The BBC’s Director of diversity, Tunde Ogungbesan, has publicised survey results that show the corporation has 417 trans staff members, 2% of its workforce – and announces plans to bring more trans people and lesbians into leadership positions.
The BBC routinely surveys staff, including a recent “census” in which the organisation tried to assess gaps in the diversity of its workforce, from LGBT demographics to ethnicity and religion.
Data was anonymised and only used for statistical purposes, looking at both the numbers and proportion of groups within the BBC and the positions occupied, in particular how diverse the people in leadership positions are.
Announcing the results, Ogungbesan said “The BBC understands the benefit of a diverse and inclusive organisation. We have moved away from the normal areas of diversity, gender and ethnicity and expanded it to include sexual orientation and trans, class, religion, thought processes and social economic diversity.
We want to ensure 8 per cent of our people are from the LGBT community by 2020.”
Ogungbesan reported that results for trans people within the organisation were ‘very, very high’ – almost one in 50 of over 21,000 people. Around 1% of the general UK population are trans, according to GIRES.
“We’ve got 417 people within the BBC who have said they are transgender, almost 2 per cent of the organisation, which is very, very high. If you have a figure like that you have to think how you make the BBC inclusive – because people have trusted you.
“We have looked at how we work with people who are trans, or thinking of transitioning, within the organisation.
“We do not operate an official dress code… and recognise the importance of using an individual’s preferred pronoun and using a pronoun incorrectly could amount to bullying and harassment.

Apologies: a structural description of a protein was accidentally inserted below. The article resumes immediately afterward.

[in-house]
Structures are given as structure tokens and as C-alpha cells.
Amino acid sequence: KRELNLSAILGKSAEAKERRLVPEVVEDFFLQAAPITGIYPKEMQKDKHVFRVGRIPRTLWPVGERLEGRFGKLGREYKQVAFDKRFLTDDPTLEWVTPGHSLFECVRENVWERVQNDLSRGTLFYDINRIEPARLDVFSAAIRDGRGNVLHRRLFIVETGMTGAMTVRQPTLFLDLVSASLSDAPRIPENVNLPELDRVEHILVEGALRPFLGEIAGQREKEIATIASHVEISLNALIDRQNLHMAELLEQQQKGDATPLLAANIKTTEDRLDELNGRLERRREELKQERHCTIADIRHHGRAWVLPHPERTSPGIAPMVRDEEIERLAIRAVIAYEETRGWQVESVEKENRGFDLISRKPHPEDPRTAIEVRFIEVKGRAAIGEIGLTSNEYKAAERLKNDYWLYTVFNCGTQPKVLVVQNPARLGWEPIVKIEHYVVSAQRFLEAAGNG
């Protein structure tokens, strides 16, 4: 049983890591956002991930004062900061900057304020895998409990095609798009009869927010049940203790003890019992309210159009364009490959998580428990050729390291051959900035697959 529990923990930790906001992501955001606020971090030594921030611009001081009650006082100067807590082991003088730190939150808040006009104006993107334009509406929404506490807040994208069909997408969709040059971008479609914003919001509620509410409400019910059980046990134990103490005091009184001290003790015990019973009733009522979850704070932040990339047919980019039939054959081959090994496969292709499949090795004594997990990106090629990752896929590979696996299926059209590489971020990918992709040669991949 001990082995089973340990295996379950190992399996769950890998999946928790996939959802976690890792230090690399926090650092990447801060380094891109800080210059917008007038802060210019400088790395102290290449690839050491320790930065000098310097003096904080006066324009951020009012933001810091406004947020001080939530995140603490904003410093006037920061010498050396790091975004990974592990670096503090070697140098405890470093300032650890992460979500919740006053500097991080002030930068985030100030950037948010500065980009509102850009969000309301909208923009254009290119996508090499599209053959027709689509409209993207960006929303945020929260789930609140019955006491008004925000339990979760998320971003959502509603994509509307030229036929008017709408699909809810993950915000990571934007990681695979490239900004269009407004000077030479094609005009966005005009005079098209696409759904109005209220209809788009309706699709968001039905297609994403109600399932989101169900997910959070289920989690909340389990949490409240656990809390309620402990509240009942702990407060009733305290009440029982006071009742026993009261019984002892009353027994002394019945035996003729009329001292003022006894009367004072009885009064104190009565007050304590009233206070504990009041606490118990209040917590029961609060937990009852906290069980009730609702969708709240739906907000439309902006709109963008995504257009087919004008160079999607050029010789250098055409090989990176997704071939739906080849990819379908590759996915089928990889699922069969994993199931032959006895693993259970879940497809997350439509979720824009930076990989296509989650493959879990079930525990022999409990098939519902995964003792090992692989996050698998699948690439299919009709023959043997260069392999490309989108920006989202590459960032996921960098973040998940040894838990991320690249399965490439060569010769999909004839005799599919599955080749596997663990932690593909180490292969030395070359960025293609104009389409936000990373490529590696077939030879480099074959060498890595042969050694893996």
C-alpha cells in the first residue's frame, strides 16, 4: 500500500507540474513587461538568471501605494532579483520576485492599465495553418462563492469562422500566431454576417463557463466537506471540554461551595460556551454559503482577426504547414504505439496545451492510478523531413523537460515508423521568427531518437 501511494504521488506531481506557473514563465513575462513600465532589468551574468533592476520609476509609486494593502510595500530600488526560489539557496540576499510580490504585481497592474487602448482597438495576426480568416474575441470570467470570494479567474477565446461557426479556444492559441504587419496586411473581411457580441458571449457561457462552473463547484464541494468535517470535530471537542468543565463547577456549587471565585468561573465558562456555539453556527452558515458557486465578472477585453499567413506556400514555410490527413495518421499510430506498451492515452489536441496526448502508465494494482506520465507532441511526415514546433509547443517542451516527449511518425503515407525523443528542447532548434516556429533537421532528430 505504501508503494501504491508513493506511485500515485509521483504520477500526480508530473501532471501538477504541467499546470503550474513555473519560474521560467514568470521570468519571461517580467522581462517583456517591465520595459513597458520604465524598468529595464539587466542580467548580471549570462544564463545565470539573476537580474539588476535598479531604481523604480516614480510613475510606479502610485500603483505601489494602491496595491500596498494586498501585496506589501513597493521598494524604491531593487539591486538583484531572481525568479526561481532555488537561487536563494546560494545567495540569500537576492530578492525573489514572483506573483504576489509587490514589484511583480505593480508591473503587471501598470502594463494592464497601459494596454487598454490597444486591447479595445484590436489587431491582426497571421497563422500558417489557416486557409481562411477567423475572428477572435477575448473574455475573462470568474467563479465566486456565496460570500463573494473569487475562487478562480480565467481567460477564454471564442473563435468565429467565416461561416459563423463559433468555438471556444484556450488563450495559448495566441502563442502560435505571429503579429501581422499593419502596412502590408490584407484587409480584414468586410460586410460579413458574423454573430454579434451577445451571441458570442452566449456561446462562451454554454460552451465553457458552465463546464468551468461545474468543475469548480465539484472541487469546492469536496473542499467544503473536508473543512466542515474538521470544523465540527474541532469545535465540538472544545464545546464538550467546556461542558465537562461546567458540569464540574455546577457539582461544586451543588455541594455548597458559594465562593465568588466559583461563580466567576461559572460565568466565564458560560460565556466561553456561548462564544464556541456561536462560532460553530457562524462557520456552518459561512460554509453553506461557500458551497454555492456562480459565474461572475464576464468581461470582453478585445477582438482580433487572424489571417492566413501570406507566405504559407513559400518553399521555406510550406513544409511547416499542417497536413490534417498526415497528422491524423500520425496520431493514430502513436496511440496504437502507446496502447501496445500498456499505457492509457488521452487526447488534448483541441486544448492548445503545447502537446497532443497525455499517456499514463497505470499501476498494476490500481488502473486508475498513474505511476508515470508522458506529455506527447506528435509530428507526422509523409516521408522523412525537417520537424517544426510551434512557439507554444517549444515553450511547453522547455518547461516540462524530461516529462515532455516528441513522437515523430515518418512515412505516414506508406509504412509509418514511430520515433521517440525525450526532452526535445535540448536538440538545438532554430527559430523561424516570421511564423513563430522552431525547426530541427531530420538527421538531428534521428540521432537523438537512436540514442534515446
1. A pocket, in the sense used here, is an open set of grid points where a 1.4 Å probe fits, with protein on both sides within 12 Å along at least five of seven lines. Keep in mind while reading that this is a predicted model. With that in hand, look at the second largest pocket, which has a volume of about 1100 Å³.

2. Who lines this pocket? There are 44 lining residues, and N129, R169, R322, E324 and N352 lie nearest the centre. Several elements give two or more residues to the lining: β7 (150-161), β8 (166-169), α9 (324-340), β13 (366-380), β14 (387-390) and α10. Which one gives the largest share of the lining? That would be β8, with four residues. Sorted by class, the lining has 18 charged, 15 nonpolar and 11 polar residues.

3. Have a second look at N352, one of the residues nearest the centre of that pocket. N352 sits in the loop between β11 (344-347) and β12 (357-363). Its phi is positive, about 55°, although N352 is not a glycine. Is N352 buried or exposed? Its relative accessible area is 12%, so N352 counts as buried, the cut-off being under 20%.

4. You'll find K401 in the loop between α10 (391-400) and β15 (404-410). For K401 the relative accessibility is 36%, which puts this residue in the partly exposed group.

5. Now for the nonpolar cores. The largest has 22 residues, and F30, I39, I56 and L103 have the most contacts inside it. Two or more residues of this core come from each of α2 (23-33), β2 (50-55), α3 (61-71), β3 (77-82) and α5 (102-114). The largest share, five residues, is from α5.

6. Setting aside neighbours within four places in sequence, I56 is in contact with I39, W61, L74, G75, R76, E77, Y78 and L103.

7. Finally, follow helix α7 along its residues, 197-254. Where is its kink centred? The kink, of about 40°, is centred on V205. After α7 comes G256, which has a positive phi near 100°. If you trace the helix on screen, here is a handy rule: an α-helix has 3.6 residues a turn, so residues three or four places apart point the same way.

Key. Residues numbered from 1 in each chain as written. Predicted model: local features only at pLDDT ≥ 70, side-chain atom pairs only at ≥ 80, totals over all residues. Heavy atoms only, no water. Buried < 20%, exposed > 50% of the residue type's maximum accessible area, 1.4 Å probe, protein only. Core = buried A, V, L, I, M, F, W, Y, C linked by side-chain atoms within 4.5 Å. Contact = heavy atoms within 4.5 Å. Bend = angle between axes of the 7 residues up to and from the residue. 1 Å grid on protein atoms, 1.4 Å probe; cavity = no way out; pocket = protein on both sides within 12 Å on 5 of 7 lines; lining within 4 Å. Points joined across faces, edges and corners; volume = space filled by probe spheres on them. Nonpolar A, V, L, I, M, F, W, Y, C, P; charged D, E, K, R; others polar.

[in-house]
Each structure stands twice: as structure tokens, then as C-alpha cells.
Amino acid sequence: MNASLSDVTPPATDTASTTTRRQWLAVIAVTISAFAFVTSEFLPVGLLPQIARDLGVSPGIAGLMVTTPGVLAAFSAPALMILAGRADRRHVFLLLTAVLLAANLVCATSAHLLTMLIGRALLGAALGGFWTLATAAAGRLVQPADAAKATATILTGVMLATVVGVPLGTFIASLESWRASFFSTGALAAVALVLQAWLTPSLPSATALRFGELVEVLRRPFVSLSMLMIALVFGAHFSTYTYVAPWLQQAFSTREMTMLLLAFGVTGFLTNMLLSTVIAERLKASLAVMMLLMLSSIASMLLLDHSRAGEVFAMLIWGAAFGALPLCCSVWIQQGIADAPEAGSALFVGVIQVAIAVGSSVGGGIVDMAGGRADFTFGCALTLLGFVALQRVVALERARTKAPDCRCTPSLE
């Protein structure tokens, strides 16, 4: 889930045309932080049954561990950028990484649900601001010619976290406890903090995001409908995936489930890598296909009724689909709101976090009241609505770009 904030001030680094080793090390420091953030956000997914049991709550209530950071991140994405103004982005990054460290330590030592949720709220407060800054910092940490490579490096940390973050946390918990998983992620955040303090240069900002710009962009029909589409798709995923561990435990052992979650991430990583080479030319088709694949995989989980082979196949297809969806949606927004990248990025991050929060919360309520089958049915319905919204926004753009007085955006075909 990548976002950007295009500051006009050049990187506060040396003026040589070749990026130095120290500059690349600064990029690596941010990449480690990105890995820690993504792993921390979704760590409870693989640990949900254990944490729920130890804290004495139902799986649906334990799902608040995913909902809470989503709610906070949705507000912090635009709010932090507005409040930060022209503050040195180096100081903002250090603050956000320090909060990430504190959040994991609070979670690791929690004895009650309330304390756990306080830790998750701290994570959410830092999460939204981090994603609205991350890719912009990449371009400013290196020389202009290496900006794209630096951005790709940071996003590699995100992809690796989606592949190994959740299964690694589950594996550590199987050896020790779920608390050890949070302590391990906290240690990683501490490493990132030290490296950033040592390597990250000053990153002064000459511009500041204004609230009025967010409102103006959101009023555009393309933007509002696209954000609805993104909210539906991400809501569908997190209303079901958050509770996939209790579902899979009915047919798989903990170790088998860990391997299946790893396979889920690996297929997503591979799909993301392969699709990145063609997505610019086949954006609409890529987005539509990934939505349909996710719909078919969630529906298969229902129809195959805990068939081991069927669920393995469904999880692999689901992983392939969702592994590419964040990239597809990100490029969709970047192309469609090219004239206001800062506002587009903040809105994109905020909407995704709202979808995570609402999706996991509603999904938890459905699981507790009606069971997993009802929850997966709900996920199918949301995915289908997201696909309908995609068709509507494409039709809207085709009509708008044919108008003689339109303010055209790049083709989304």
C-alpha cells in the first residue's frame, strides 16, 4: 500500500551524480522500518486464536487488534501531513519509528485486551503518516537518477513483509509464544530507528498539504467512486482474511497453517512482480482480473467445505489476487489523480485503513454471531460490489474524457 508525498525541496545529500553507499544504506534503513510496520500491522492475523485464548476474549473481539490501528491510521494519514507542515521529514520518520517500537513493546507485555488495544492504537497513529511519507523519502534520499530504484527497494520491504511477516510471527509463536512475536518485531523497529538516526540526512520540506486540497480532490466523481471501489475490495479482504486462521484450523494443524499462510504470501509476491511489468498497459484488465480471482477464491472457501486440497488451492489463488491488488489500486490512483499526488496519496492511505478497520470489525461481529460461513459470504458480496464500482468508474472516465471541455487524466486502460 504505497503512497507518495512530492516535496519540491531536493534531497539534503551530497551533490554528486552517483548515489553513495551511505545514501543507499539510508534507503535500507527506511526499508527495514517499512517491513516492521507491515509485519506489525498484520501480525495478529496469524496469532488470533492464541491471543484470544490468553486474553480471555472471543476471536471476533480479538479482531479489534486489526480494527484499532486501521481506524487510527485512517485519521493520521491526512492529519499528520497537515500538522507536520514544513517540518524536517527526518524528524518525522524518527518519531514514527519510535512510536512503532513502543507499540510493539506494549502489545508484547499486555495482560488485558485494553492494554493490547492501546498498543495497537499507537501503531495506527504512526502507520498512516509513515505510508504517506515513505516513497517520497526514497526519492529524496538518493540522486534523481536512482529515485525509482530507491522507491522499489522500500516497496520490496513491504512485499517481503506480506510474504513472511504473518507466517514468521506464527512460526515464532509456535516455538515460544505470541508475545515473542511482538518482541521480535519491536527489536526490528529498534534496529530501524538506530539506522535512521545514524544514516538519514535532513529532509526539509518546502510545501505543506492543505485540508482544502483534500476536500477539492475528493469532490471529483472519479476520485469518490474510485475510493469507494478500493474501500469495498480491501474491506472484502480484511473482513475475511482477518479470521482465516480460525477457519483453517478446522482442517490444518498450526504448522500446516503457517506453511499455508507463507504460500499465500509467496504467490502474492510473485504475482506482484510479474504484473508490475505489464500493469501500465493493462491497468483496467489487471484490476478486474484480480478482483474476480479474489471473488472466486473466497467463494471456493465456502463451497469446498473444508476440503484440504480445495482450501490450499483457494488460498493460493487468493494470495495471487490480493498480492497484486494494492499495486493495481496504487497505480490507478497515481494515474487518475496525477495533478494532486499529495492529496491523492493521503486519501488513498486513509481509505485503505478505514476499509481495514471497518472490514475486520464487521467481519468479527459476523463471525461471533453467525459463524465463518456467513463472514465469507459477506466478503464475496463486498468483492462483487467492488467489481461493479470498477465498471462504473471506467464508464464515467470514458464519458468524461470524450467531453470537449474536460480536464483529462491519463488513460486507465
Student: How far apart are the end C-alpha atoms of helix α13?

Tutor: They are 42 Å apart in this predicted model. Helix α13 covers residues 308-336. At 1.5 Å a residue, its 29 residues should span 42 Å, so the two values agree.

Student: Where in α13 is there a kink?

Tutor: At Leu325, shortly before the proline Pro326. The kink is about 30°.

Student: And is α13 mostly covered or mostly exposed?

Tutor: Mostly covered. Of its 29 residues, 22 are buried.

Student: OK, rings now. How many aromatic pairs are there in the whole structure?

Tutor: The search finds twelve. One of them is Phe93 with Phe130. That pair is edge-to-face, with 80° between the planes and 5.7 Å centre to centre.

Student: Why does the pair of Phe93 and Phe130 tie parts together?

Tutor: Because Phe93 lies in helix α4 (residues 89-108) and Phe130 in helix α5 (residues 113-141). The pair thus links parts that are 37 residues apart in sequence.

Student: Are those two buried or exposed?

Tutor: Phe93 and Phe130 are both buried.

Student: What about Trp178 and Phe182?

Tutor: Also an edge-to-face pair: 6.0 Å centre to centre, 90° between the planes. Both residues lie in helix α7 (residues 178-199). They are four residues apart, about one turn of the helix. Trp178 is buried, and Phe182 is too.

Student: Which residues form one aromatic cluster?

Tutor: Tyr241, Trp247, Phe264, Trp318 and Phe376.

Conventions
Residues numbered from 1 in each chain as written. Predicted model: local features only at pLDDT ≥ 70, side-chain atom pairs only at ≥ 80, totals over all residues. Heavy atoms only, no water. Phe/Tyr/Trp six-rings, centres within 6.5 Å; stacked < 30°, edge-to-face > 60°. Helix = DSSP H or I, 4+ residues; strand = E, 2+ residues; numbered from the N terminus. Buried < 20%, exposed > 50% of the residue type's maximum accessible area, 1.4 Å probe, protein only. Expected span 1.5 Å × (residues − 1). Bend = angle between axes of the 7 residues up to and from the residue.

“We are committed to supporting employees who choose to transition, including providing for paid time off for medical appointments, treatments and surgical procedures in line with the managing health and attendance policy.”
Despite this positive internal policy, Pink News editor Benjamin Cohen had to debunk transphobic myths about the Gender Recognition Act on the Sunday Politics this morning as though they were valid legal concerns.
The census prompted the BBC to launch four new work streams to look at how to increase numbers of and promote to higher positions under-represented groups.
Ogungbesan said initially, it seemed as though there was not one needed for LGBT groups as generally numbers seemed quite high
“We felt that we didn’t need one around LGBT because our figures were quite high in terms of our percentages – 11 per cent of BBC employees say that they are LGBT and, of that 11 per cent, 12 per cent are in leadership positions.
“Then some people said… they are mainly the ‘G’s and the ‘B’s, so the lesbians and the transgender folk, the figures are not as high as you would want them to be, especially with the lesbians.
“We needed a fifth work stream around LGBT, which will be starting in the next couple of weeks, with an apology to the organisation for not starting with them in the first place.”
Ogungbesan said that the work stream went beyond recruitment and HR and management practices, into changing “the thought process and ways people behave and broadcast their programmes.”
The BBC has been accused of misrepresenting transgender rights issues and repeatedly hosting transphobic “debate.” Ogungbesan’s presentation suggests that changes to that can be expected as part of the work stream.
Finishing his speech, he said that there would be a codified process for handling trans issues and that the corporation was moving further.
“We are looking at the style guide… we are on a journey.”